His Mom Thought It’s Just Chickenpox But It’s Way Worse
Rashes and illnesses are part of childhood. When 10 month old Oscar Langham developed small blisters all over his face and body, his mother assumed he had chicken pox. However, a visit to the doctor revealed that these were not pox, but rather a more serious and even life-threatening issue. Oscar, not even a year old, was suffering from a rare disease called Langerhans cell histiocytosis.
Langerhans cell histiocytosis is a disease in which the body makes too many histiocytes, a kind of immune cell. Histiocytes are a type of white blood cell and play an important part in immunity against infection. In this disease, the body makes so many histioctyes that they begin to build up and form small tumors. Langerhans cells are a type of histiocyte that are made in the bone marrow and move freely throughout the body. Because of the mobility of these cells, tumors from Langerhans cell histiocytosis may be anywhere on the body and face as well as in internal organs and bones.
This disease mainly presents in small children, although adults get it very rarely. Doctors believe there is a genetic component to Langerhans cell histiocytosis, but it does not appear to be directly passed from parents to children.
Once thought to be a form of cancer due to the numerous tumors involved, doctors now believe Langerhans cell histiocytosis is an autoimmune disease like lupus and rheumatoid arthritis. Although it is not contagious, it is unsightly. Oscar’s parents report that strangers stare and avoid their son for fear of contagion. The baby is covered in these small tumors, which resemble blisters, and even may lose some sight due to damage from having them in his eyes.
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Langerhans cell histiocytosis does not always begin with a rash or blisters. Sufferers may have bone pain and organ dysfunction if the tumors appear first inside their bodies. In addition, many people have flu-like symptoms from the autoimmune reaction underlying the disease. These can include chronic infections, headaches, dizziness, fatigue, and fever. Some children get a rash and dandruff before the distinctive blisters begin to form.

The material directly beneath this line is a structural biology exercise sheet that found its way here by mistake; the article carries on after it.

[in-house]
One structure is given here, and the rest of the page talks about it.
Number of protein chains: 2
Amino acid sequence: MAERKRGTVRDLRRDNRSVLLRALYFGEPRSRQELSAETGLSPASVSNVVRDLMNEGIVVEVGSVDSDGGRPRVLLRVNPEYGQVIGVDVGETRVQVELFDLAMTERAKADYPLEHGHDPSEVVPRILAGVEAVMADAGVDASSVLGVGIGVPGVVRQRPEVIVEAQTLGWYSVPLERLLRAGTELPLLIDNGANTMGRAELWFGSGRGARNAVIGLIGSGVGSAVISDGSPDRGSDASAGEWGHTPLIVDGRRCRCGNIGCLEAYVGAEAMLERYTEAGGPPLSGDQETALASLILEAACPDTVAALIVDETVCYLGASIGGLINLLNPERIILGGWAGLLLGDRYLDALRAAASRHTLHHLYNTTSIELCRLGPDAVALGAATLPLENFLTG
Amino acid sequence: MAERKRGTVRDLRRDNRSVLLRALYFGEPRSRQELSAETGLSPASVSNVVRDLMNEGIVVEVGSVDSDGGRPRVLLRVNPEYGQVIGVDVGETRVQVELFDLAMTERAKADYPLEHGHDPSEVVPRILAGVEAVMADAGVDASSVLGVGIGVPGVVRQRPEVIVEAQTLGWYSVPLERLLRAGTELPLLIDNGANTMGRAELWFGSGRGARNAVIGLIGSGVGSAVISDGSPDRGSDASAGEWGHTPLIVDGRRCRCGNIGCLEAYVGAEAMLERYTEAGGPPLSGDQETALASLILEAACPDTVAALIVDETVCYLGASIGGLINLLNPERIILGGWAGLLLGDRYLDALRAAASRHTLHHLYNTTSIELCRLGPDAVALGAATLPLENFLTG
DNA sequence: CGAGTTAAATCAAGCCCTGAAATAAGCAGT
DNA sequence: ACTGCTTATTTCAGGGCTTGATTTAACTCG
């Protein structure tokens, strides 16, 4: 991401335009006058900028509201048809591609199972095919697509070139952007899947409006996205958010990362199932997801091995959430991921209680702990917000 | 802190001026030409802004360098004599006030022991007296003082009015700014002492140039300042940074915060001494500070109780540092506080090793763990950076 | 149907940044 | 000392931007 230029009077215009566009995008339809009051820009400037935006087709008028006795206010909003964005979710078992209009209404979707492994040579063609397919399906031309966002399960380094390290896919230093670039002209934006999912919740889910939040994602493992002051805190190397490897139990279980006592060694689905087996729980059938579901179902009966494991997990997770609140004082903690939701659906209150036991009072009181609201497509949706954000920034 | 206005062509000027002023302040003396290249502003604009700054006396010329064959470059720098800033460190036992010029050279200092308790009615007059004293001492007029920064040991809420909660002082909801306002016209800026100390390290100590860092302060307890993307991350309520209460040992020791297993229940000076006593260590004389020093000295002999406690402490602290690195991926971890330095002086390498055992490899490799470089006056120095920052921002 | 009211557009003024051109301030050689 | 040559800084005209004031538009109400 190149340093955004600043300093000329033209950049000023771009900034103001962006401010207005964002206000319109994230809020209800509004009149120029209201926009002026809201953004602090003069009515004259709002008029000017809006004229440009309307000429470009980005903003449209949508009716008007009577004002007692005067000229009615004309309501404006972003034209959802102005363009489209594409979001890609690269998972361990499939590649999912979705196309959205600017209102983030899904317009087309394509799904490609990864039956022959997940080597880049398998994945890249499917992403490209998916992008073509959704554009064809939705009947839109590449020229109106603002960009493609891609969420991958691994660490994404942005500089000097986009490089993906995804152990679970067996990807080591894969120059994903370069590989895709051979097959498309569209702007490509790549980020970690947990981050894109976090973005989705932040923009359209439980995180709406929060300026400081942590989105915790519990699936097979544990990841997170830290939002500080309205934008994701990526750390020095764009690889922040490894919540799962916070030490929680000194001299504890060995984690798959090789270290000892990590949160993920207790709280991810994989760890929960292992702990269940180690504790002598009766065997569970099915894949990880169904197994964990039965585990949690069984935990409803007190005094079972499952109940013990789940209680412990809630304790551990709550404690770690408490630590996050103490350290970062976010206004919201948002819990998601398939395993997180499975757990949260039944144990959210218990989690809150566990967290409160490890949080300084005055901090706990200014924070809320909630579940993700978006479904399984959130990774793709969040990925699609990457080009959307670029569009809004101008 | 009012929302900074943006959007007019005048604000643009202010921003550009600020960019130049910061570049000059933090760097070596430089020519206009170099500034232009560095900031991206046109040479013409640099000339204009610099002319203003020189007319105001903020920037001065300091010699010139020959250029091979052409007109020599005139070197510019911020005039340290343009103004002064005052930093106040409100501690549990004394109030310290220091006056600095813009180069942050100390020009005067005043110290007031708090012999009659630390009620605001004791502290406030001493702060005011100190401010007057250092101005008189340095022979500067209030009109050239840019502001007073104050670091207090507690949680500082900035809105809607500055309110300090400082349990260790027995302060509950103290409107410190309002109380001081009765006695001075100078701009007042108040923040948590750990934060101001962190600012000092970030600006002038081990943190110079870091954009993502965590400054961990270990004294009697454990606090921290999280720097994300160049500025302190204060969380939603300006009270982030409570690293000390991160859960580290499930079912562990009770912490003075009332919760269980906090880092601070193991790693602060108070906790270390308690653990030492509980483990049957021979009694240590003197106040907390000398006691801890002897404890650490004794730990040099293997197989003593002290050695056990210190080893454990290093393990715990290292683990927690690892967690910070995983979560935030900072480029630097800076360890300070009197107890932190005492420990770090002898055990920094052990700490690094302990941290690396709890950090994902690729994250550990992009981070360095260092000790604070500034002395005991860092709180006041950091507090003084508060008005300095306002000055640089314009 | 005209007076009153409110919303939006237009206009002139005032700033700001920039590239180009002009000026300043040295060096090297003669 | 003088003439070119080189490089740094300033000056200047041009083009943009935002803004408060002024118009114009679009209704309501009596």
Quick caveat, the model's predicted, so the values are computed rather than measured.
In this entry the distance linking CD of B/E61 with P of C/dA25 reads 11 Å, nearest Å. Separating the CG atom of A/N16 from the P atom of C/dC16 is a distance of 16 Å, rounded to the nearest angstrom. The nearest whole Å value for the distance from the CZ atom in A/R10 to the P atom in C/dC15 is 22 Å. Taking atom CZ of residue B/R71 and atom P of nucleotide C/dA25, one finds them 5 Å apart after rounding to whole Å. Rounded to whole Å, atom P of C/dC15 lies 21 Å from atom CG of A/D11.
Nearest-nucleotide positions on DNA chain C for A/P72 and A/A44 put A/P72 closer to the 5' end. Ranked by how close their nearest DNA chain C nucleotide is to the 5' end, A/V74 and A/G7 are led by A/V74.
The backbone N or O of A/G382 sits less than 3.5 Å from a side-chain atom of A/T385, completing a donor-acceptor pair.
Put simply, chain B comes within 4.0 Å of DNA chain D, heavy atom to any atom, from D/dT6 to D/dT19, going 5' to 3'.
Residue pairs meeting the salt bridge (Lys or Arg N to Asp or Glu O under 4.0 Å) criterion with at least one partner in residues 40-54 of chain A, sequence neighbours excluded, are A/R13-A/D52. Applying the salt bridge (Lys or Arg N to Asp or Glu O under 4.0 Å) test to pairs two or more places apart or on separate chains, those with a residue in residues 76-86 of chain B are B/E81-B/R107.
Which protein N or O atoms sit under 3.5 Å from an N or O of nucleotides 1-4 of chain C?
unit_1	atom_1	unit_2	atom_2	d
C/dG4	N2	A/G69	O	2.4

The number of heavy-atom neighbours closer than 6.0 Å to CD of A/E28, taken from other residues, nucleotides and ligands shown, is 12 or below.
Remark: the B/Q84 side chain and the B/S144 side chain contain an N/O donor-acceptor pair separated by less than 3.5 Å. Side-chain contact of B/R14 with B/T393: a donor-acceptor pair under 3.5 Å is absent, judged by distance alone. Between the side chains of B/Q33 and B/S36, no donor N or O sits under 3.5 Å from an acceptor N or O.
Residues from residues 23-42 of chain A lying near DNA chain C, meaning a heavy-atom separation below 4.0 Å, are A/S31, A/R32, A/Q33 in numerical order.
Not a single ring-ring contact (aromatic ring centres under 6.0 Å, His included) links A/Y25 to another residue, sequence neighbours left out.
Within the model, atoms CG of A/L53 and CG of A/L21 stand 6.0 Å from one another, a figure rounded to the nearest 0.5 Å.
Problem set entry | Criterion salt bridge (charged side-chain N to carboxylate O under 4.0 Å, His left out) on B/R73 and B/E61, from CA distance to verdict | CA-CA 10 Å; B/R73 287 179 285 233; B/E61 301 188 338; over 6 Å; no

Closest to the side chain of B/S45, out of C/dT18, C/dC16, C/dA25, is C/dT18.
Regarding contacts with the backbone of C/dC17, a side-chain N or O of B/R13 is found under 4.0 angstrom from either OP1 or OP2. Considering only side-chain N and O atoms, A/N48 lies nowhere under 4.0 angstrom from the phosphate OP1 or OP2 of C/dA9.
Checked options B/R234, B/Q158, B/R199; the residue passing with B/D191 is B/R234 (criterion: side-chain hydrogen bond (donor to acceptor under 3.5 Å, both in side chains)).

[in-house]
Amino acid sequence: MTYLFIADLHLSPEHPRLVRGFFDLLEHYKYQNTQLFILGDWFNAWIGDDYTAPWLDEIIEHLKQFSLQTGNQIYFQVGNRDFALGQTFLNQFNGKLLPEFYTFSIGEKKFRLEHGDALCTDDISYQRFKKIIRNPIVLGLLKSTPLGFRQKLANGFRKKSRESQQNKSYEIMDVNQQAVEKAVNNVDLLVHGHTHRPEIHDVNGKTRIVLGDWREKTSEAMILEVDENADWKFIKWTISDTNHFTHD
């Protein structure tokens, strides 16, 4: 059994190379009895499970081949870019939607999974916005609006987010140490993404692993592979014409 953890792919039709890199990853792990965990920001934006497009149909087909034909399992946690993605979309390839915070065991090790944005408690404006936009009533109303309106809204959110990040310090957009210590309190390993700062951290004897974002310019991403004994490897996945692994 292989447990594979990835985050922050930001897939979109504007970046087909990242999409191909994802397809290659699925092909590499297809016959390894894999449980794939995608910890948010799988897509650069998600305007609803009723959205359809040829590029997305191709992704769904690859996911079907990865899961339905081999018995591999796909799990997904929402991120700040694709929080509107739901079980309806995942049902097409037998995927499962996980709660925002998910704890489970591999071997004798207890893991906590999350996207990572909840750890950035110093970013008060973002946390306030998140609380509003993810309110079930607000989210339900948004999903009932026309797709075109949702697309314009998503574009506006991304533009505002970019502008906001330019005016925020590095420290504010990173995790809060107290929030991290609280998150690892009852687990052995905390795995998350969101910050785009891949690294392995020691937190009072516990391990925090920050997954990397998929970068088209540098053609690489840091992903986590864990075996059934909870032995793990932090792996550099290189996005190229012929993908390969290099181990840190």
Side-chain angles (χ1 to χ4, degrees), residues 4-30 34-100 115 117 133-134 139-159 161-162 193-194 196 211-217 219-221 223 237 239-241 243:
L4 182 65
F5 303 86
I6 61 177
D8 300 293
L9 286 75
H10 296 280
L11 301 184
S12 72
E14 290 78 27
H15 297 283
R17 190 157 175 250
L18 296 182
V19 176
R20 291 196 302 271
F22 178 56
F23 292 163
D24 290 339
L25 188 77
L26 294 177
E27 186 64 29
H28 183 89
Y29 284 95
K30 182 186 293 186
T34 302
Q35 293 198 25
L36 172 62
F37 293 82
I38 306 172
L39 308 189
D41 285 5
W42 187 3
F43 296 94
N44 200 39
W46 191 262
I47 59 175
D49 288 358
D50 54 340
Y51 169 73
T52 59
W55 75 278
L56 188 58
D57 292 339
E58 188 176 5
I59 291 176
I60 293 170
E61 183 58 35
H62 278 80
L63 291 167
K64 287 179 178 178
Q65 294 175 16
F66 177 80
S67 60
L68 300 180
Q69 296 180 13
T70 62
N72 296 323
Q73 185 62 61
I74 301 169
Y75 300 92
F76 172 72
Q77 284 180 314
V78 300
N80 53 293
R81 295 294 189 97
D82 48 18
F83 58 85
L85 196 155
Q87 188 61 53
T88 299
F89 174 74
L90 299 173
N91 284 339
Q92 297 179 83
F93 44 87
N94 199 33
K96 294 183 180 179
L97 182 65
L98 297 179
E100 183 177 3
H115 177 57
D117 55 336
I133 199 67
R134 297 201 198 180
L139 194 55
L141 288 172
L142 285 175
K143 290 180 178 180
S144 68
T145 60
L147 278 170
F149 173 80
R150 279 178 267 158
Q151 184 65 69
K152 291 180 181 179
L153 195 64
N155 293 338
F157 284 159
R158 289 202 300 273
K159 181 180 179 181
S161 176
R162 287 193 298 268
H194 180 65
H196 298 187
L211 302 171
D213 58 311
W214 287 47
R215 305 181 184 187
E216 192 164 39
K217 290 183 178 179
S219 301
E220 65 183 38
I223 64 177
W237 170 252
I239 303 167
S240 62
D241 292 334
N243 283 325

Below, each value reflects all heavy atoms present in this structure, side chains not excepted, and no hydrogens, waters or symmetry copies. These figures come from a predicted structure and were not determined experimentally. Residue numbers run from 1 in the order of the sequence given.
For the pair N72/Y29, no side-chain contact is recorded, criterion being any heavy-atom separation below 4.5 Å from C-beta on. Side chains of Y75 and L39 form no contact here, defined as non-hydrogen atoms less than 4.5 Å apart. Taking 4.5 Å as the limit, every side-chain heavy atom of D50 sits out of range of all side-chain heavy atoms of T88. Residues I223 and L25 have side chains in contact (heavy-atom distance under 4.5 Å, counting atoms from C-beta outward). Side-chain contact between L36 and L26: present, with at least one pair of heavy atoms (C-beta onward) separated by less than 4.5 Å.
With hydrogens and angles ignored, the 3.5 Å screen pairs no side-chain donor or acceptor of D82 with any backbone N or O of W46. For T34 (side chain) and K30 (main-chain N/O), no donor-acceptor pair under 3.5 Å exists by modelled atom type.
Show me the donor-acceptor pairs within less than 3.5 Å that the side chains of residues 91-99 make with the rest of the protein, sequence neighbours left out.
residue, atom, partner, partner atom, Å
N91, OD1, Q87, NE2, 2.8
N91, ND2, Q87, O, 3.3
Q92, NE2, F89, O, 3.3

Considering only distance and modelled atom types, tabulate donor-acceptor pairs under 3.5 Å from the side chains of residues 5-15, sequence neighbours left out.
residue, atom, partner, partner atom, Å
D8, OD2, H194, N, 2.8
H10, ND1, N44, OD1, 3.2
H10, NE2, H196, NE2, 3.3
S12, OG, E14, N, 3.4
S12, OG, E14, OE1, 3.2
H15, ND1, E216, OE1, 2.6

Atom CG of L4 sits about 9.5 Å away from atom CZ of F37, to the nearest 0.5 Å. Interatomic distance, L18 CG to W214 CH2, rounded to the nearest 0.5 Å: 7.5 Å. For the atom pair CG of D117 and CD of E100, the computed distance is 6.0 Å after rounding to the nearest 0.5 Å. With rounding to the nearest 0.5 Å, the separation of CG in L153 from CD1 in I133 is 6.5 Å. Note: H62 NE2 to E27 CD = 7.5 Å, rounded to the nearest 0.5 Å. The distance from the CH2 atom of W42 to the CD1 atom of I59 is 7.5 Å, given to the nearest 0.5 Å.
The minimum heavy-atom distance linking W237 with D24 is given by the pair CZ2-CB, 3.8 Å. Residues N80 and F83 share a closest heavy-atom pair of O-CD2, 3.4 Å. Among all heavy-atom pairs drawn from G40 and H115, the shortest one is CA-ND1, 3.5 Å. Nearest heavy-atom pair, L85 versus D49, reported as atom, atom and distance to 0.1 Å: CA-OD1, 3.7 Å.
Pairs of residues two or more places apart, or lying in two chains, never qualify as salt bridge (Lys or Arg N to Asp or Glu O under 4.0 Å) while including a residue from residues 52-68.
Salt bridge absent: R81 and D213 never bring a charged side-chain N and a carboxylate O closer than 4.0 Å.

Because doctors are not entirely sure what causes this disease, treatment can be difficult. Steroids are given to reduce immune system activity and inflammation. The skin lesions may go away when treated with nitrogen mustard, photodynamic therapy, and UV light therapy. In addition, many children with this disease must take chemotherapy drugs. If the tumors are compromising organs, they may need to be removed with one or more surgeries. The treatments are harsh and have many side effects. In addition, some children, including Oscar, do not respond to treatment. Unfortunately, there are no known natural remedies for this disease.
While many people in his community do not understand Oscar’s disease and are thus afraid to approach him, he remains a happy child with a loving family. His parents are currently seeking help from an expert in Langerhans cell histiocytosis and are hopeful that doctors may soon find a treatment that allows their son to lead a healthy and happy life.